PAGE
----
“Reckless Disregard” and the FCA
With certain investigations into violations of the False Claims Act (FCA), a critical issue is whether someone knew that wrongdoing was taking place. Under the FCA, “knowing” about violations creates liability for false claims. “Reckless disregard” can be at the heart of liability for a false claim. The courts have examined the issues and have shed some light on “knowing” and “reckless disregard.”
Knowing and Knowingly
What does “knowing” or “knowingly” mean in a false claims context? Put as simply as possible, it means that a person either:
- Has real knowledge of false claims (“actual knowledge”)
- Acts as if they don’t know about the false claims (“deliberate ignorance”), OR
- Acts as if they don’t know whether the false claims are true or not (“reckless disregard” of the truth).
“Knowing” in and of itself requires no specific intent to commit fraud. Basically, if the person knew, or should have known, about the information concerning fraud, they acted “knowingly” and are usually liable.
Because many FCA rules can be fairly technical, especially when they concern Medicare or Medicaid, the line between negligence (basically, an unwitting mistake) and reckless disregard (suspecting fraud but doing nothing) can get blurry.
“Reckless disregard” is often defined as being grossly negligent with no concern for others who might be injured. You might characterize reckless disregard as “turning a blind eye” to the situation or information. Think of someone who says, “Hey, it’s not my problem.”
Here’s an example of reckless disregard: a manager submits invoices for work done, but does not verify whether the work was actually done even though he has doubts. Because he ignores his responsibility to verify, especially if the verification could be easily done, he is liable for reckless disregard should fraud be in evidence.
What Do the Courts Think?
The courts have often considered “reckless disregard” to translate into actions somewhere between gross negligence (a conscious disregard of reasonable care) and intentional harm. But the line can move around. Some examples of cases are:
- Fall, 2012, United States ex rel. Williams v. Renal Care Group, Inc. The Sixth Circuit Court of Appeals found that the defendant had not acted with reckless disregard because of a number of factors, among them: the defendants sought legal counsel to help clarify the relevant rules; the legal counsel themselves sought clarification from CMS (the parent of Medicare and Medicaid) about the rules; and the defendants were aware of certain relevant factors and did their best to comply. Because the defendant “consistently sought clarification,” they were found not to have acted with reckless disregard.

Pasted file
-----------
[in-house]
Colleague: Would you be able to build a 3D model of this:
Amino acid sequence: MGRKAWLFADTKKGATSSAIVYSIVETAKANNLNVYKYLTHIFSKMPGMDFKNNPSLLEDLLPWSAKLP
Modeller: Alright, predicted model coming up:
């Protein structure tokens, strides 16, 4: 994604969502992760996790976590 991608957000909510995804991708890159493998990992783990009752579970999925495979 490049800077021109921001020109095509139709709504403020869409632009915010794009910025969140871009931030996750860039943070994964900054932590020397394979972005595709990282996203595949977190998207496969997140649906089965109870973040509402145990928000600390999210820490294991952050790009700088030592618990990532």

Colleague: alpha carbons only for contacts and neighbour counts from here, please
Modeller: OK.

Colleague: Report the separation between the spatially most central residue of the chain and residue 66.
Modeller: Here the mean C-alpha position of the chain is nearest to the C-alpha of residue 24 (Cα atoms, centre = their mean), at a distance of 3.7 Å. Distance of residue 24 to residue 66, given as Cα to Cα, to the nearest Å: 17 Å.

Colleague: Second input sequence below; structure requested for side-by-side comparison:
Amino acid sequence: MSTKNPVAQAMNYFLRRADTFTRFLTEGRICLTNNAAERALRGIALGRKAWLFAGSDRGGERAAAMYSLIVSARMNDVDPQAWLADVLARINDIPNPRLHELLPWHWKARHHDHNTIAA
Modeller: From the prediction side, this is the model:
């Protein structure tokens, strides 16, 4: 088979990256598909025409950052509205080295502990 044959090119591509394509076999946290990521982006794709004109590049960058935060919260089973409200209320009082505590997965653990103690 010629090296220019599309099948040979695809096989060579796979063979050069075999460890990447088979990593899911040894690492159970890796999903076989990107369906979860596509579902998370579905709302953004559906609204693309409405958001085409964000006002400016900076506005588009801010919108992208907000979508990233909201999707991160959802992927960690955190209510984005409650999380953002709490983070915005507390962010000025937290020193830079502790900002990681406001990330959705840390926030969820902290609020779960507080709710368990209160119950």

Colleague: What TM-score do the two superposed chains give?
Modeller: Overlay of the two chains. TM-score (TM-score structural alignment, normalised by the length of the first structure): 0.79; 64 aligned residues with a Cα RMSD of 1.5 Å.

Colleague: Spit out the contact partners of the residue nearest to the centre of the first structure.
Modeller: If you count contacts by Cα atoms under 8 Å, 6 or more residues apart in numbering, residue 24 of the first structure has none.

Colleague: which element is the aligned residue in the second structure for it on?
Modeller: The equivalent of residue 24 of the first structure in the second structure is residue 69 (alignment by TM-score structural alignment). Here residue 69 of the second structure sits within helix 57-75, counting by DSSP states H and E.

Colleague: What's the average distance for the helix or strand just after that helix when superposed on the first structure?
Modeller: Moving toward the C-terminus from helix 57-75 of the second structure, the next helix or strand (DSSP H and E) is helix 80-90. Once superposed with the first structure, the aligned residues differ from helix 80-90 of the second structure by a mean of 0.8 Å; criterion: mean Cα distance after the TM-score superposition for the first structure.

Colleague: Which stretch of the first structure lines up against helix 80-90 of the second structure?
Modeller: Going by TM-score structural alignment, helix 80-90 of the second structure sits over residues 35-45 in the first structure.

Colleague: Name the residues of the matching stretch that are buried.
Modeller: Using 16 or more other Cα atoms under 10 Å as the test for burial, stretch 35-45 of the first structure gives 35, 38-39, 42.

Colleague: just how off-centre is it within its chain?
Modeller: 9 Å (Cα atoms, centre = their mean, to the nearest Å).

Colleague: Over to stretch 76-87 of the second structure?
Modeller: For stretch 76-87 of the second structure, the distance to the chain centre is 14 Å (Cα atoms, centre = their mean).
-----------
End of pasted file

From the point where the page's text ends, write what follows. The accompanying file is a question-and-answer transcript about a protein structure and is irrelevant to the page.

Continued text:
- Summer, 2012, United States ex rel. Streck v. Allergan, Inc. A motion by the defendants to dismiss was partially granted by the U.S. District Court for the Eastern District of Pennsylvania concerning reckless disregard. The court held that, because the guidance from Medicaid provided “nothing that warned [the defendants] away from the view they took,” it could not be surmised that the defendants acted with reckless disregard.
- Fall, 2008. United States ex rel. Burlbaw v. Orenduff. The Tenth Circuit Court of Appeals affirmed a grant of summary judgment (a judgment is entered without a full trial) because they found that reckless disregard by the defendant, New Mexico State University, was not in evidence in a case involving a number of minority “set-aside” statutes. The university was found to have acted only in a negligent manner.
Issues involving false claims and the FCA can be exceedingly complex, especially when it comes to government health care programs like Medicare and Medicaid. The line between simple negligence and actions that involve intent can be fuzzy. If you believe you are dealing with a case that might go beyond simple ignorance of complex laws, your best course of action would be to seek skilled legal counsel to obtain clarification.
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